A tweet and videos that appeared on the advertiser's website (as a pre-roll ad on YouTube and on the advertiser's YouTube channel) promoting wine, were seen between 12 August 2015 and 4 September 2015.
a). The tweet from the Premier Estates Wine Twitter account, dated 11 August, stated Tweet 'I want to #TasteTheBush' and you could wine [sic] a case of wine!... . The tweet also included an image of a woman, from
her chest to her mid-thigh, standing behind a table on which a glass of red wine was resting directly in front of her crotch. Overlaid text stated #TasteTheBush .
b). The website for Premier Estates Wines
www.premierestates.co.uk included a video on the News page of the site as part of a post entitled We Invite You to #TasteTheBush . It featured a woman in a kitchen holding a glass of red wine and talking about the positive attributes of
Premier Estates Australian wines. After she had taken a sip she stated Luscious, earthy, bursting with fruit and spice. Australia practically jumps out of the glass . She then placed the glass on the table in front of her, directly in front of her
crotch, before continuing In fact, some say you can almost taste the bush . She then looked awkwardly away from the camera before picking up her glass and walking away from the table.
c) The video that
appeared on the Premier Estates YouTube channel was identical to ad (b).
d) A pre-roll ad on YouTube, was identical to ad (b). Issue
The ASA received eight complaints.
Five complainants, including Wine Australia, a statutory body within Australia whose role included promoting the consumption and sale of Australian wine overseas, challenged whether the ads (b) and (c) were offensive, because
they were sexist and degrading towards women.
One complainant challenged whether ad (a) was offensive, for the same reasons.
Three complainants, including Alcohol Concern,
challenged whether the ads were in breach of the Code because they linked alcohol with sexual activity.
ASA Assessment: Complaints upheld
The ASA considered that most viewers would understand the claim ... some say you can almost taste the bush to be a reference to oral
sex, particularly given that it was accompanied with the image of the wine glass positioned directly in front of the woman's crotch. The line appeared towards the end of the ad and, in conjunction with the image, which emphasised the sexual connation,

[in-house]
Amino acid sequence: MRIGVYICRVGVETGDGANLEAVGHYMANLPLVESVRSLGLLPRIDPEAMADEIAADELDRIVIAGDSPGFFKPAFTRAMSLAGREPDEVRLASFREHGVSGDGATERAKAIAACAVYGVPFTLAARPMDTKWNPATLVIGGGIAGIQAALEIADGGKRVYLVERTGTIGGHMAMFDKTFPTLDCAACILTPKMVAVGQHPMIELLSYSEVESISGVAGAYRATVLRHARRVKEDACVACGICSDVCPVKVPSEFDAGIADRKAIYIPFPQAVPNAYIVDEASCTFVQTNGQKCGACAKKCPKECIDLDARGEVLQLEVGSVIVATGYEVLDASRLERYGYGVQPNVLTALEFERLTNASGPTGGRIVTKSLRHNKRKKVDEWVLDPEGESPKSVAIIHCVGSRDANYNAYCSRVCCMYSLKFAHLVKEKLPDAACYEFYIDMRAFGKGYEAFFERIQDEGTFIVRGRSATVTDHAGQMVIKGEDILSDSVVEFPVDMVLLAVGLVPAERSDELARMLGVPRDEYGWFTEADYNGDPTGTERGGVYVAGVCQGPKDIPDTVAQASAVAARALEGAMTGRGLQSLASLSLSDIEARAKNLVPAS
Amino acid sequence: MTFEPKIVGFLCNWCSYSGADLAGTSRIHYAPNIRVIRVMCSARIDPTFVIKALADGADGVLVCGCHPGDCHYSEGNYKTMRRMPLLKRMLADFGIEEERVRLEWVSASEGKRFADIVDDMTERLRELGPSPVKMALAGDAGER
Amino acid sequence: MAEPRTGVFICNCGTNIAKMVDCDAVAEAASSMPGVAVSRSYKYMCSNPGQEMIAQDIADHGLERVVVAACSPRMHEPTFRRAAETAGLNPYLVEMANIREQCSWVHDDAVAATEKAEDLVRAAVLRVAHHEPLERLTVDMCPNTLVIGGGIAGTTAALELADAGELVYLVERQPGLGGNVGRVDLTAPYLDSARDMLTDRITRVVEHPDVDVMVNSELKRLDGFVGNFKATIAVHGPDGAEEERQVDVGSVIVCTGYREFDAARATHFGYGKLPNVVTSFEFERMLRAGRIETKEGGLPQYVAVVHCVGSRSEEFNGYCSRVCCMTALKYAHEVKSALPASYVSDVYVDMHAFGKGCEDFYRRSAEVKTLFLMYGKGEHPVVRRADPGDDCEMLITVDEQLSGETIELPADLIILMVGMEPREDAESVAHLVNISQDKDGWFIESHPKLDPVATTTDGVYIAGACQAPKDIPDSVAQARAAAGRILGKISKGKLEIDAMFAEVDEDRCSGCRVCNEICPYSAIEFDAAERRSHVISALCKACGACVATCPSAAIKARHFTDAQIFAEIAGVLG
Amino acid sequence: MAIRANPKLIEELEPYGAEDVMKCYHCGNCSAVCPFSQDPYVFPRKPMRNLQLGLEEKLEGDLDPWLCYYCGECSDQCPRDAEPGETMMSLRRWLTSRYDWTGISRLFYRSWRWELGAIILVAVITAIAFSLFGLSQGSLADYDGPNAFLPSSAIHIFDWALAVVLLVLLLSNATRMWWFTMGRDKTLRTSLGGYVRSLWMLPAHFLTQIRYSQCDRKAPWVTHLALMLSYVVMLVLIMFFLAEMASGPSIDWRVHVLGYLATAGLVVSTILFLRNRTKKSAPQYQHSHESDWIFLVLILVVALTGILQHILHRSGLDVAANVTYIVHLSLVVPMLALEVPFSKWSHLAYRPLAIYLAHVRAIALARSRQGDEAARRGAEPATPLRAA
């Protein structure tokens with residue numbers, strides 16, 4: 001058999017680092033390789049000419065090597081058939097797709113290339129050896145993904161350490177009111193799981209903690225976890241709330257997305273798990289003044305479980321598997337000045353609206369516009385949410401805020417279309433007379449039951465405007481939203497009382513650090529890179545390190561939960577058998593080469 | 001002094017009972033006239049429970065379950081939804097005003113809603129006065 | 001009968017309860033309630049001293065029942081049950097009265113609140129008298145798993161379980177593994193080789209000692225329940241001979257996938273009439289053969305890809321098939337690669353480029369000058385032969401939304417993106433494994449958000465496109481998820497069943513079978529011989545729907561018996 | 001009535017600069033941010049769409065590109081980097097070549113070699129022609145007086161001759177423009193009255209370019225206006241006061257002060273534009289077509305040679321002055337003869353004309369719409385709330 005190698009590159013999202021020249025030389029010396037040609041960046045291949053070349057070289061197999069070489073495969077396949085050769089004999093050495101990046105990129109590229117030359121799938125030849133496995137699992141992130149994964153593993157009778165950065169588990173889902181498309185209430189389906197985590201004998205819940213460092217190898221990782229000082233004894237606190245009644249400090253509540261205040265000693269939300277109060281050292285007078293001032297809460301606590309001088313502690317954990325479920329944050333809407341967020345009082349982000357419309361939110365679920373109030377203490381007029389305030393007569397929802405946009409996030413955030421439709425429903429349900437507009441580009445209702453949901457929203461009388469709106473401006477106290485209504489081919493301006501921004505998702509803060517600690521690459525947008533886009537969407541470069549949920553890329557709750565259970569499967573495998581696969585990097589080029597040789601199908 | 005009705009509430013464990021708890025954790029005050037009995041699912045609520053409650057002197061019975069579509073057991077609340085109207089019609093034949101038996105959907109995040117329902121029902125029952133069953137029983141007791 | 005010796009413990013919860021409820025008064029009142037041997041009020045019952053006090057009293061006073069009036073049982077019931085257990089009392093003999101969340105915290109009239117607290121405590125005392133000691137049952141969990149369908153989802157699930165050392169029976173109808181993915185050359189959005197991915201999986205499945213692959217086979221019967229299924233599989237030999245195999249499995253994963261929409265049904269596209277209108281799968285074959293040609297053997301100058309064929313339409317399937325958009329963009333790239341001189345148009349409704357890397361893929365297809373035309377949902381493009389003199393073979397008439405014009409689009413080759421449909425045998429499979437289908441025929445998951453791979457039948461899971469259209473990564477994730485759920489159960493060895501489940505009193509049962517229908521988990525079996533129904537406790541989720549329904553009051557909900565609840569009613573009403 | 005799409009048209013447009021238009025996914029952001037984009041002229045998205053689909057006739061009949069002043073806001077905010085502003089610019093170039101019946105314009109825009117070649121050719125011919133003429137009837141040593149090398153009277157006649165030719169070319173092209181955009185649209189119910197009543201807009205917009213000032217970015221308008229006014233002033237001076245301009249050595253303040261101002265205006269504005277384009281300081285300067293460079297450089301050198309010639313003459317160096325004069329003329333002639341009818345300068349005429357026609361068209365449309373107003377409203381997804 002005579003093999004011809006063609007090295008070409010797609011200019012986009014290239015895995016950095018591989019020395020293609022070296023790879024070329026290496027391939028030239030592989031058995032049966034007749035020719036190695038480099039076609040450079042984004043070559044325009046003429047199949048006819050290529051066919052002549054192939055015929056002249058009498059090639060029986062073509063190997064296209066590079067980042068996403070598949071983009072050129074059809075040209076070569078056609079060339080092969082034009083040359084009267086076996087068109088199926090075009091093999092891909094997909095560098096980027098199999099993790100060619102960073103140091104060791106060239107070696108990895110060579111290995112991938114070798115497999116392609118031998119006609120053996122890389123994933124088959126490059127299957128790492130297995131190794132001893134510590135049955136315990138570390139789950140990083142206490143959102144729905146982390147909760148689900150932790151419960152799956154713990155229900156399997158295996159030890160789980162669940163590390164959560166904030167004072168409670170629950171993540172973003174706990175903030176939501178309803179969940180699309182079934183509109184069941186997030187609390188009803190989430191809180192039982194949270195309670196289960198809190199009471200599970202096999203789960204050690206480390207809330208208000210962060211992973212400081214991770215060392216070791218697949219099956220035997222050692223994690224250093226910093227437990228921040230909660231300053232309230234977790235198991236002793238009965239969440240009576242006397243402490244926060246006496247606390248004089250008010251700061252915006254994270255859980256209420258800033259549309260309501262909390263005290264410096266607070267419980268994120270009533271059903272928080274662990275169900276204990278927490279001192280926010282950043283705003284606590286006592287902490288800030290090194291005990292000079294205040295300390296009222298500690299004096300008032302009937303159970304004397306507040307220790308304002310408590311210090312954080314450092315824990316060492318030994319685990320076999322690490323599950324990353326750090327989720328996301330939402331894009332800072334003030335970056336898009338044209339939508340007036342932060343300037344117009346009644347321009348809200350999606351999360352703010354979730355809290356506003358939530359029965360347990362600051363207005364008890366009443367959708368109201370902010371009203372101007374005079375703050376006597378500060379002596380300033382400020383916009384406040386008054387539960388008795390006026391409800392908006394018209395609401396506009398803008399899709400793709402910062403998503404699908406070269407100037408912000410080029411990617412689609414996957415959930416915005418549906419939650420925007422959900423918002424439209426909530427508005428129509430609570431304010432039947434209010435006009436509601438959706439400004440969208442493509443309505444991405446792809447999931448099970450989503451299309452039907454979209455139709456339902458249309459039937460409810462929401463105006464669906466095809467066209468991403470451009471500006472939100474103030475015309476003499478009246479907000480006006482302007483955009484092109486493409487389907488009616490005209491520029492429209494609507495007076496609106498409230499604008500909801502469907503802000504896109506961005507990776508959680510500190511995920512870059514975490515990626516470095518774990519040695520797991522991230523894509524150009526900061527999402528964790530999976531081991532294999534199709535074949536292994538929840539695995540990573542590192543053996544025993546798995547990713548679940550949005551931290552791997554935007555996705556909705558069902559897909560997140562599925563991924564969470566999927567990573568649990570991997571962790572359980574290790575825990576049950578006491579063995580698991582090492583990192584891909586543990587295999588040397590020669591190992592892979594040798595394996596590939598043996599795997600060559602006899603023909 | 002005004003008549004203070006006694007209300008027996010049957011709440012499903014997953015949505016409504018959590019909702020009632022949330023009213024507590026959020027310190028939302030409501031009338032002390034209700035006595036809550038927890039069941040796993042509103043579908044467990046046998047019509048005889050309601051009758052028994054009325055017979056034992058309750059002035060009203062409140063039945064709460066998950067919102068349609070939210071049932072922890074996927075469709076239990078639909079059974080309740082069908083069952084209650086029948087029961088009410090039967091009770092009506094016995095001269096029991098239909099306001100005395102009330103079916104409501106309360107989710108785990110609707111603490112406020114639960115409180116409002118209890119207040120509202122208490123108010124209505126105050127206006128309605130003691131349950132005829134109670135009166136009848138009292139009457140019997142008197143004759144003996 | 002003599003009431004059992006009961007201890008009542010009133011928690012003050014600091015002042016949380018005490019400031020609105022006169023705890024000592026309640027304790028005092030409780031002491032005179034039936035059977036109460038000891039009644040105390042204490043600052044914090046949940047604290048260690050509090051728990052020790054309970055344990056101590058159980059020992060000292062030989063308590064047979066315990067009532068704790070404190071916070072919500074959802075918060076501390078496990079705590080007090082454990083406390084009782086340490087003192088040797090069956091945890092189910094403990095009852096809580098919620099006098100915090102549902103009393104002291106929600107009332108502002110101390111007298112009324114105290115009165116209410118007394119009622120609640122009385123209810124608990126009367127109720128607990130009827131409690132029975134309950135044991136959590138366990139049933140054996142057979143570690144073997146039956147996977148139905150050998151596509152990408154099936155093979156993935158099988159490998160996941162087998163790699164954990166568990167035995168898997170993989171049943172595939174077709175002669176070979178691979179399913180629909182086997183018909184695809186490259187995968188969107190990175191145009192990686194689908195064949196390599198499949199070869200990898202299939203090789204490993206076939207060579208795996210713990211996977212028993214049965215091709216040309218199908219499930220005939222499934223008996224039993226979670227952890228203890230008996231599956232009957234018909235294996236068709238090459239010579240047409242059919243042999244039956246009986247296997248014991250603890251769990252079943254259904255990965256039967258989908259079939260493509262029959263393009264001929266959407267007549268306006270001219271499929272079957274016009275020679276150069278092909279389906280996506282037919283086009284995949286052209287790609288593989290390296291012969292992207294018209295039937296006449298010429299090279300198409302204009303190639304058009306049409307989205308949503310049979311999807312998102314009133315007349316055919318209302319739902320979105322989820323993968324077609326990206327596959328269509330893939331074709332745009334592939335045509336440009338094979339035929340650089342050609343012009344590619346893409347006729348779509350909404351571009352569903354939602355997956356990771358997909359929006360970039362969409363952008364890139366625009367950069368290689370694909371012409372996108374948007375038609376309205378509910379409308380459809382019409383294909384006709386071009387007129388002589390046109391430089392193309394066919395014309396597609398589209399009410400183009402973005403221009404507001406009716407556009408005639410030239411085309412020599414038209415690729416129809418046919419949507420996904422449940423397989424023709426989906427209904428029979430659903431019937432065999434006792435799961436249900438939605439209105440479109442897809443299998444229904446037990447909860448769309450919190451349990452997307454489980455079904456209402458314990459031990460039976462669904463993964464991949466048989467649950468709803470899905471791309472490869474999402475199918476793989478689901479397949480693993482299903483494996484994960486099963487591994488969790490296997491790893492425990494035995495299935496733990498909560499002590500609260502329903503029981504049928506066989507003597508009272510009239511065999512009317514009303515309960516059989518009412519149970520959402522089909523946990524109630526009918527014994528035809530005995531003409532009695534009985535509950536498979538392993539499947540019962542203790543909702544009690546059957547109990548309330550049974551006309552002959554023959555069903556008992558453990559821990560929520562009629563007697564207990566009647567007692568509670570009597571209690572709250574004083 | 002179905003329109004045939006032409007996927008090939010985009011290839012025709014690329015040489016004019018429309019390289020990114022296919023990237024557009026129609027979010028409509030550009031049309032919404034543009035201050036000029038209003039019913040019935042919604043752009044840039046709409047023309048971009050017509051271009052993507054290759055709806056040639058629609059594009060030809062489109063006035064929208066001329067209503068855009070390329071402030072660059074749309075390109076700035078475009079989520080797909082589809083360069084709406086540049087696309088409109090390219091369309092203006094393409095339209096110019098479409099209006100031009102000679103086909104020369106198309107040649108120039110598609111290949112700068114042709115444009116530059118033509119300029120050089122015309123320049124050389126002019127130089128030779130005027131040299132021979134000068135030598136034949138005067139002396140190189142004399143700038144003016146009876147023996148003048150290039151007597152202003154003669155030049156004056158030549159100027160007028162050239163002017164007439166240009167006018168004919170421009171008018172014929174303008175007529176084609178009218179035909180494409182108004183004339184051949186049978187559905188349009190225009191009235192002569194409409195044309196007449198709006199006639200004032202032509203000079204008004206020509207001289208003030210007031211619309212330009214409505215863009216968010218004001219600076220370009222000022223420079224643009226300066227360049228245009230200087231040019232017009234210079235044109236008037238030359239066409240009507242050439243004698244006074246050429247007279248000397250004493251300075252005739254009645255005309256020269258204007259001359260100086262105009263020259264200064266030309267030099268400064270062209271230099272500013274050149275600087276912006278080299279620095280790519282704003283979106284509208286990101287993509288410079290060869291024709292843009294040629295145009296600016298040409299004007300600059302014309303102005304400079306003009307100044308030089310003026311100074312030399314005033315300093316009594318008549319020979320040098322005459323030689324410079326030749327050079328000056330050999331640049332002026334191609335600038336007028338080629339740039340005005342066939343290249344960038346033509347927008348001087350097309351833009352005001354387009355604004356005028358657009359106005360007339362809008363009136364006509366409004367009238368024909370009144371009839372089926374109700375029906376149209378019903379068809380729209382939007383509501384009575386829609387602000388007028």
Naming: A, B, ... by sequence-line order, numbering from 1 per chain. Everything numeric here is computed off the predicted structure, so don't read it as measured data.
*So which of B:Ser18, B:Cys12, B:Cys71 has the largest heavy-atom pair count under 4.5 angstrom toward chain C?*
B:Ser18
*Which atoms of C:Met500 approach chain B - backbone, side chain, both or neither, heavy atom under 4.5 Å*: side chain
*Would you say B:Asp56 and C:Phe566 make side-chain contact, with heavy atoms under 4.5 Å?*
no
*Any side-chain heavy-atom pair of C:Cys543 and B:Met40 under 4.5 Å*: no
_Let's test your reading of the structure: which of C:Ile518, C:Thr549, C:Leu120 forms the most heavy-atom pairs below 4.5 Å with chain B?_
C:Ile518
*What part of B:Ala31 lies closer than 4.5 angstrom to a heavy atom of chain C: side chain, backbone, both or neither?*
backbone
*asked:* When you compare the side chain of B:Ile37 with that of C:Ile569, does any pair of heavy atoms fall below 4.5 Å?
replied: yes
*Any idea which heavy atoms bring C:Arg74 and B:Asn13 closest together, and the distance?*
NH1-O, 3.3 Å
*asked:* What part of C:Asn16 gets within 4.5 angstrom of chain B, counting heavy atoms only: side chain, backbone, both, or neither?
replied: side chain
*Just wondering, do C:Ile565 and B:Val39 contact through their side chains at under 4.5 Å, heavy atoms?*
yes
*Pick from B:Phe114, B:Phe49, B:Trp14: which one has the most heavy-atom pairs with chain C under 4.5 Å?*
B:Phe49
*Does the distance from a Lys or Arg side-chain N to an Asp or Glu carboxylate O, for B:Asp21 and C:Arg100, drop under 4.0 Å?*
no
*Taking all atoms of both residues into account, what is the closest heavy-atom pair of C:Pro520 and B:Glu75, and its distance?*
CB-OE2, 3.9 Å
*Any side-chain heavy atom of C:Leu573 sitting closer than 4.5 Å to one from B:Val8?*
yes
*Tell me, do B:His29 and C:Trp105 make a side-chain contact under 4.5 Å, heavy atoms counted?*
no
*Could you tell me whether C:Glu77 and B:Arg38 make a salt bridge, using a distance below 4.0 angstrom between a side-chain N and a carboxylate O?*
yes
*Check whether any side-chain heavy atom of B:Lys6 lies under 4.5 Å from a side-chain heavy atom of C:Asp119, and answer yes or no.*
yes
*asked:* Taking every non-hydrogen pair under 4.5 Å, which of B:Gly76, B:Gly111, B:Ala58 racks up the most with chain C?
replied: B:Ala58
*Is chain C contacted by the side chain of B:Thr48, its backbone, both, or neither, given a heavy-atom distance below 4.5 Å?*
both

created the final impression left by the ad. While the woman was immediately aware of the double-entendre and seemingly only mildly embarrassed as a result, we considered that it served to undermine her as, until that point, she had been portrayed as
confident and in control while discussing the merits of the wine, in what appeared to be a relaxed and informal party atmosphere. For that reason, we considered that the ad presented the woman in a degrading manner, and concluded that it was likely to
cause serious or widespread offence.
We noted that the ad included a still from the video, which only showed the woman's arms and torso, with a glass of red wine resting on a table directly in
front of her crotch, and the text #TasteTheBush overlaid. While we understood the claim was intended to be tongue-in-cheek and could be construed to relate to the qualities of Australian wine, as stated in point 1 above, we considered that
recipients would understand the dual meaning and the clear reference to oral sex. We considered that the cropped image which concealed the woman's face accompanied by text that was also referring to her genitalia and oral sex, served to reduce the woman
to merely a sexual object. In light of that, we considered that the ad presented the woman in a degrading manner and was likely to cause serious or widespread offence. Further, we considered that the fact recipients of the tweet were encouraged to
re-tweet the claim themselves to partake in a competition was likely to amplify any offence caused. For those reasons we concluded that the ad was in breach of the Code.
We considered that
consumers would understand the claim #TasteTheBush , particularly when accompanied with an image of a woman standing behind a wine glass, which emphasised her crotch, to be a double-entendre referring to both Australian red wine, and female
genitalia and oral sex. We also noted that the ads clearly promoted an alcoholic product and that an image of a glass of red wine was featured in each ad. Because the ads clearly referenced oral sex and featured an alcoholic product, we concluded that